Friday, August 07, 2009

Cancer Research Blog Carnival #24

Welcome to the 24th edition of the Cancer Research Blog Carnival - your monthly roundup of writing from the cancer blogosphere. This month, the CRBC turns 2 years old (on August 24th, to be precise), so a special thanks to AC for starting the whole thing, Ben who designed our awesome logo, Walter for setting up new subscription options and general support and of course all the hosts and writers who have got us this far. Of course to keep going for another year, or 2, or 4 we still need your help - the carnival is always looking for new hosts, so drop us an email, or a comment here, to sign up and keep sending us your submissions here.

Now, without further ado, here is the latest Cancer Carnival:

First up, we have a new blog, Blue Genes, that offers their first part of a series on understanding cancer.
What is cancer? Everyone knows that it is a terrifying disease and has some ideas about a mass of cells that grow uncontrollably but I get the feeling that many people don’t quite understand how it actually happens.
They promise to continue the series in the futures with posts on cancer treatment, different cancer types, and other cancer topics. Blue Genes is written by a pair of young scientists and is worth keeping an eye on.

Next up, we have a pair of posts from The Spittoon, the blog of genetic testing company 23andMe. From the SNPwatch files, these posts highlight research identifying new genetic variants associated with cancer. First off is a discussion of CDKN2A and CDKN2B variants associated with certain brain and skin cancers.
Five reports, published online this week in the journal Nature Genetics, show that variants near the CDKN2A and CDKN2B genes increase the risk of certain types of tumors. Previous research has implicated these “tumor suppressor” genes in both skin and brain cancer. Mutations in CDKN2A are found in about 2% of all people with melanoma, and outright deletion of CDKN2A and CDKN2B is seen in approximately half of all brain tumors.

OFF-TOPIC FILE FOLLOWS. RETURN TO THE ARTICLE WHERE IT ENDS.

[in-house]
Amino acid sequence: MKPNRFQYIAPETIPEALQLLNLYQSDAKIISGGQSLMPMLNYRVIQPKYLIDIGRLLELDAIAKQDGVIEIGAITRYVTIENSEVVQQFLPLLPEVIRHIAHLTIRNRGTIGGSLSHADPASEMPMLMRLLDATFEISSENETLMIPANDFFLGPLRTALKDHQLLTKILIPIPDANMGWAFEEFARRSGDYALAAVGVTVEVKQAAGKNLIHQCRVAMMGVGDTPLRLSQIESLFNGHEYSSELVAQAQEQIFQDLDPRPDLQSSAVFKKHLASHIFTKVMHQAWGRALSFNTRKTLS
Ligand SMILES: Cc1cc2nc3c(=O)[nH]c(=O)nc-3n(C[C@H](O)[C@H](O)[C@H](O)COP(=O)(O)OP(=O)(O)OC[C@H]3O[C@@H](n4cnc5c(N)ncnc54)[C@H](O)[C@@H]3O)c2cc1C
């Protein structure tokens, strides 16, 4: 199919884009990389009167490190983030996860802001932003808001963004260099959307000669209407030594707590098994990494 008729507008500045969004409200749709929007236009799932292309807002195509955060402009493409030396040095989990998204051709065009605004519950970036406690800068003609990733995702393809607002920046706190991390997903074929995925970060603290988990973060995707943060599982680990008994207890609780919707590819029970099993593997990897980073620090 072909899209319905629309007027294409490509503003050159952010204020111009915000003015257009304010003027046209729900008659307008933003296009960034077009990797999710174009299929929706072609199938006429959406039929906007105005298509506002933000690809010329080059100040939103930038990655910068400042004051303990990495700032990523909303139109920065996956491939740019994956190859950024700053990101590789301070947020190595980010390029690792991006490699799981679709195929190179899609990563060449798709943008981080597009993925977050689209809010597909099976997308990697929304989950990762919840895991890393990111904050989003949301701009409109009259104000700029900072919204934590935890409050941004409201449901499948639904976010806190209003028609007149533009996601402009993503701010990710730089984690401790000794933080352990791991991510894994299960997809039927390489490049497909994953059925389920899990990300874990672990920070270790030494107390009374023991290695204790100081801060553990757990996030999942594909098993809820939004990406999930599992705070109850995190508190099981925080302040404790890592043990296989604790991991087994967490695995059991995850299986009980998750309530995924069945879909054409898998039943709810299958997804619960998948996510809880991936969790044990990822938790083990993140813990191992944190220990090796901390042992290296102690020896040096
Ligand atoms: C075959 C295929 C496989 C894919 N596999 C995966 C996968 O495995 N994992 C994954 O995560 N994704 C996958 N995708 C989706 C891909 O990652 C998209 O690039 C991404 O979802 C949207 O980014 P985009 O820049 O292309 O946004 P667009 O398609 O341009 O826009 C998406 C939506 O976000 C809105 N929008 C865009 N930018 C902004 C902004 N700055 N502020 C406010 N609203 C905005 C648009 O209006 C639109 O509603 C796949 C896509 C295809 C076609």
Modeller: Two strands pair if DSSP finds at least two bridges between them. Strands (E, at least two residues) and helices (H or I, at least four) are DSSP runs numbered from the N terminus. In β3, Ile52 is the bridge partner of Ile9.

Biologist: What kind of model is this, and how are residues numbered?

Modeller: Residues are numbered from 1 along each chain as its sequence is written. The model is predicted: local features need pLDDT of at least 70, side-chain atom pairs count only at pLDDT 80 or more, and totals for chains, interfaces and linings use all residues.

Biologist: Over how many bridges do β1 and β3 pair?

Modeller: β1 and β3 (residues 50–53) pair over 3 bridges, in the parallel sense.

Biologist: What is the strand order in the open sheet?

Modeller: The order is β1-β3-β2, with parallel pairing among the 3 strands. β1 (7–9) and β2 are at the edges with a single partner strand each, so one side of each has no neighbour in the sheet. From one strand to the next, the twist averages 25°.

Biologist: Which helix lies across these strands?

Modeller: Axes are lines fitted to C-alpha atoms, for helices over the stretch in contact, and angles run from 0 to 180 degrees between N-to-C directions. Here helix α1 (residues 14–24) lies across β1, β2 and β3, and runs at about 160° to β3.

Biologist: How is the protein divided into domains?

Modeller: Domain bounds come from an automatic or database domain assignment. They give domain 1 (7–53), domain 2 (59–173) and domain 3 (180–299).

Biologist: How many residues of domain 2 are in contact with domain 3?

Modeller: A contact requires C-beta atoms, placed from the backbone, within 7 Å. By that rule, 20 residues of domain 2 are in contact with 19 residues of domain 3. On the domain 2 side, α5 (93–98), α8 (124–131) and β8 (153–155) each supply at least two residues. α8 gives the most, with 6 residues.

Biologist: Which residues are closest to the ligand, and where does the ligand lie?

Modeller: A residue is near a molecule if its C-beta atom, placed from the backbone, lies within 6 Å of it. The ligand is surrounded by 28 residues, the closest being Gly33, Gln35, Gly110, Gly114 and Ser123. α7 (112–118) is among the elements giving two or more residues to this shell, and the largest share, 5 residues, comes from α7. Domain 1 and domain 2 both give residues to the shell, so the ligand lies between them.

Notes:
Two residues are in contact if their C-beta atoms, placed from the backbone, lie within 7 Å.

The second new SNP is associated with follicular lymphoma.
In a study by Skibola et al., scientists analyzed the genomes of 4,805 people of European descent from the United States, Germany and Canada to search for genetic associations with four different subtypes of lymphoma. The results, published online this week in the journal Nature Genetics, newly linked one SNP to an elevated risk for developing FL in European populations.
A submission from Healthcare Hacks is next, which discusses triple-negative breast cancer
Negative--that's good, right? Unfortunately, this is one of those times that negative results aren't so positive. This form of breast cancer is named "triple-negative" because the tumor lacks the three receptors for the hormones estrogen, progesterone or Her-2/neu.
The post offers some facts about triple-negative breast cancer before briefly discussing some new therapies in the pipeline that offer hope to patients, as well as support resources for people diagnosed with this cancer.

Suture for a Living talks about a topic we've discussed a bit in the past: overdiagnosis of breast cancer, in this case putting some actual numbers to the problem.
Are breast cancers over-diagnosed? If so, how often? Those are the questions looked at by the systematic review of incidence reported data/articles done by Karsten Juhl Jørgensen & colleagues. Their results are published online in the June 9th issue of the British Medical Journal. Their review shows an estimated 52% over-diagnosis of breast cancer.
Click through for more stats and analysis.

Elsewhere in the blogosphere, Alexey at Hematopoiesis provides a nice review of ways the immune system can be harnessed to kill cancer stem cells, as well as progress made to date. Orac at Respectful Insolence has a really interesting piece on the problems recruiting patients to clinical trials and what it means for cancer research. And Science and Reason discusses a new targeted therapy for leukemia stem cells.

That's it for the 24th Cancer Research Blog Carnival. For older editions, visit the Carnival Homepage. Don't forget, the CRBC has subscription options; you can follow by email or RSS feed. An aggregated feed of credible, rotating health and medicine blog carnivals is also available.